U.S. Supreme Court to hear state affirmative action case
The U.S. Supreme Court announced Monday it would again take up the issue of affirmative action in university admissions by agreeing to review a federal court's decision to overturn Michigan's voter-approved ban on the use of race in college admissions.
The nation's high court will hear an appeal filed by state Attorney General Bill Schuette after the 6th Circuit Court of Appeals ruled that Proposal 2, the ballot initiative approved by voters in 2006, was unconstitutional. The court said it would take up the case, known as Schuette v. Coalition to Defend Affirmative Action, in the term that begins in October.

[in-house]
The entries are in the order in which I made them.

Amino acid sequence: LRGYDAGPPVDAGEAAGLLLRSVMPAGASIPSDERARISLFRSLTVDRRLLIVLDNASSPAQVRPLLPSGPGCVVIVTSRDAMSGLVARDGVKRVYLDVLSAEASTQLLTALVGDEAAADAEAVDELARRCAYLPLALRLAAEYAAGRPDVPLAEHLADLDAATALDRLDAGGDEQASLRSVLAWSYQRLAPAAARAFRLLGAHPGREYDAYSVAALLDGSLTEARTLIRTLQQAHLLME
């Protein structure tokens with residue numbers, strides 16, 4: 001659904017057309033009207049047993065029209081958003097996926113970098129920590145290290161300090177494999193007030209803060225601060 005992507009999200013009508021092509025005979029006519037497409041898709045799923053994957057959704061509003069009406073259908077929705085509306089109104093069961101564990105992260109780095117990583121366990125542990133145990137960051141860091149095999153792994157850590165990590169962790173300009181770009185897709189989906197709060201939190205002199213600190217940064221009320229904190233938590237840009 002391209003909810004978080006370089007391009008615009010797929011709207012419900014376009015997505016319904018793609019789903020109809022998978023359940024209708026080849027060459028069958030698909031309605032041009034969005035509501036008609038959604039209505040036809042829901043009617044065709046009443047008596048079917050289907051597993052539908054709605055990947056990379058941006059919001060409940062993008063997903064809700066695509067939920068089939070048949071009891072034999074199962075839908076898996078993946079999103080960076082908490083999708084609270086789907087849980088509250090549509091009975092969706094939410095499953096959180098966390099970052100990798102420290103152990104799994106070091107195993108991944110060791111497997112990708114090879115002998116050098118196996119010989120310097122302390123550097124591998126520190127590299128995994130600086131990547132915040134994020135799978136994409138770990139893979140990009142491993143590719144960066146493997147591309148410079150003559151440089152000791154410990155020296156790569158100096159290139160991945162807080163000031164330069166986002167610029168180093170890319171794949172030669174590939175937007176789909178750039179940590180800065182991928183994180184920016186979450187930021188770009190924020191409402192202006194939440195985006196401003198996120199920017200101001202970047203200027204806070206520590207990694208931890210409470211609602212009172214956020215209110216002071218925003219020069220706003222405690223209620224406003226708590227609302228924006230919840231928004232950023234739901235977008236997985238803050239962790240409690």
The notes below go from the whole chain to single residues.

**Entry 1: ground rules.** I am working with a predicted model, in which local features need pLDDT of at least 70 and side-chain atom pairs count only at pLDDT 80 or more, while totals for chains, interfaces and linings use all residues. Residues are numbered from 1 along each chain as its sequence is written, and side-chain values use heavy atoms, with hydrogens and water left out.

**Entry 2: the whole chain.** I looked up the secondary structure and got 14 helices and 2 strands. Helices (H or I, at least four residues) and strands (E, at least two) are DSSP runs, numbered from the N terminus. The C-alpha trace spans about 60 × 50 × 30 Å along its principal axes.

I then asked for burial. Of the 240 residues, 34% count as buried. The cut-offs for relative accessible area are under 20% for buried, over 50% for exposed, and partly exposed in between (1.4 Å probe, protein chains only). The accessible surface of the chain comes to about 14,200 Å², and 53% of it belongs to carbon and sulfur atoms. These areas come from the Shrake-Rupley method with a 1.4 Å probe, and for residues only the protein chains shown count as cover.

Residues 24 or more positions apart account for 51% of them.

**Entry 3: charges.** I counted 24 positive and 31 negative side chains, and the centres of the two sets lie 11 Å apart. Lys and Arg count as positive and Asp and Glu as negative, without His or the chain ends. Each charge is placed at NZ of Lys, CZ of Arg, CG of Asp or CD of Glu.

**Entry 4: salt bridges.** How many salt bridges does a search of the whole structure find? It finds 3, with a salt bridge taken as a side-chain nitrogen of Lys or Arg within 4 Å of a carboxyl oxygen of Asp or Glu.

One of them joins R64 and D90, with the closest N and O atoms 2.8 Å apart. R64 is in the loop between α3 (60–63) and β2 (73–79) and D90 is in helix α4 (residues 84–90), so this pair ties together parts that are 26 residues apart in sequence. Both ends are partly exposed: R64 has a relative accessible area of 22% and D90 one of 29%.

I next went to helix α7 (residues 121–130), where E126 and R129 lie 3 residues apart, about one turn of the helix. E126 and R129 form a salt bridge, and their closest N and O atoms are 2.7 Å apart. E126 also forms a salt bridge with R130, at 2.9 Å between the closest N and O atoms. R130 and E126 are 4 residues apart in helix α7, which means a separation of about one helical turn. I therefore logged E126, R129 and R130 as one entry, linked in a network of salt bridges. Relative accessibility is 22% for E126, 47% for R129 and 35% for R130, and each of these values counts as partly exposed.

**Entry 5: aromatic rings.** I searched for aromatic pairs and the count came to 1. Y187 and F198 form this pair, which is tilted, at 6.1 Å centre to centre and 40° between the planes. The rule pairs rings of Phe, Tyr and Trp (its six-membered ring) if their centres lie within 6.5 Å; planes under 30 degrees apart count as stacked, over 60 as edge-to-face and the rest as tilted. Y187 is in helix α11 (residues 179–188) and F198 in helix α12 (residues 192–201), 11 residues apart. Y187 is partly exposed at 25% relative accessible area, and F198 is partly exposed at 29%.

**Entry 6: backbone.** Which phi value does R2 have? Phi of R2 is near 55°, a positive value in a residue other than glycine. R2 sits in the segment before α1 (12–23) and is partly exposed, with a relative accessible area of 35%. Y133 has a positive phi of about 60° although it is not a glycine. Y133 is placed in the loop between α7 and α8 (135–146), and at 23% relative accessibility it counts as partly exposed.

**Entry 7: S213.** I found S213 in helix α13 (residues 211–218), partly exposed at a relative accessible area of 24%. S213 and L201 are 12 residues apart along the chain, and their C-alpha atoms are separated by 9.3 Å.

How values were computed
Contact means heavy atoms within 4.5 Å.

Proposal 2 amended the Michigan Constitution by adding a provision prohibiting discrimination and preferential treatment based on race, ethnicity, sex, or national origin in public education, public employment, and public contracting. U-M remains in full compliance with Proposal 2.
The 6th Circuit concluded that Proposal 2 violated the federal Equal Protection Clause by making it more difficult for minority groups to participate fully and equally in the state's political processes, particularly with respect to the ability to seek changes in university admissions policies.
The Supreme Court is expected to issue a decision in June on a challenge to the University of Texas admissions process that considers race as one of the factors in selecting its freshman class. The court heard oral argument in that case earlier this term.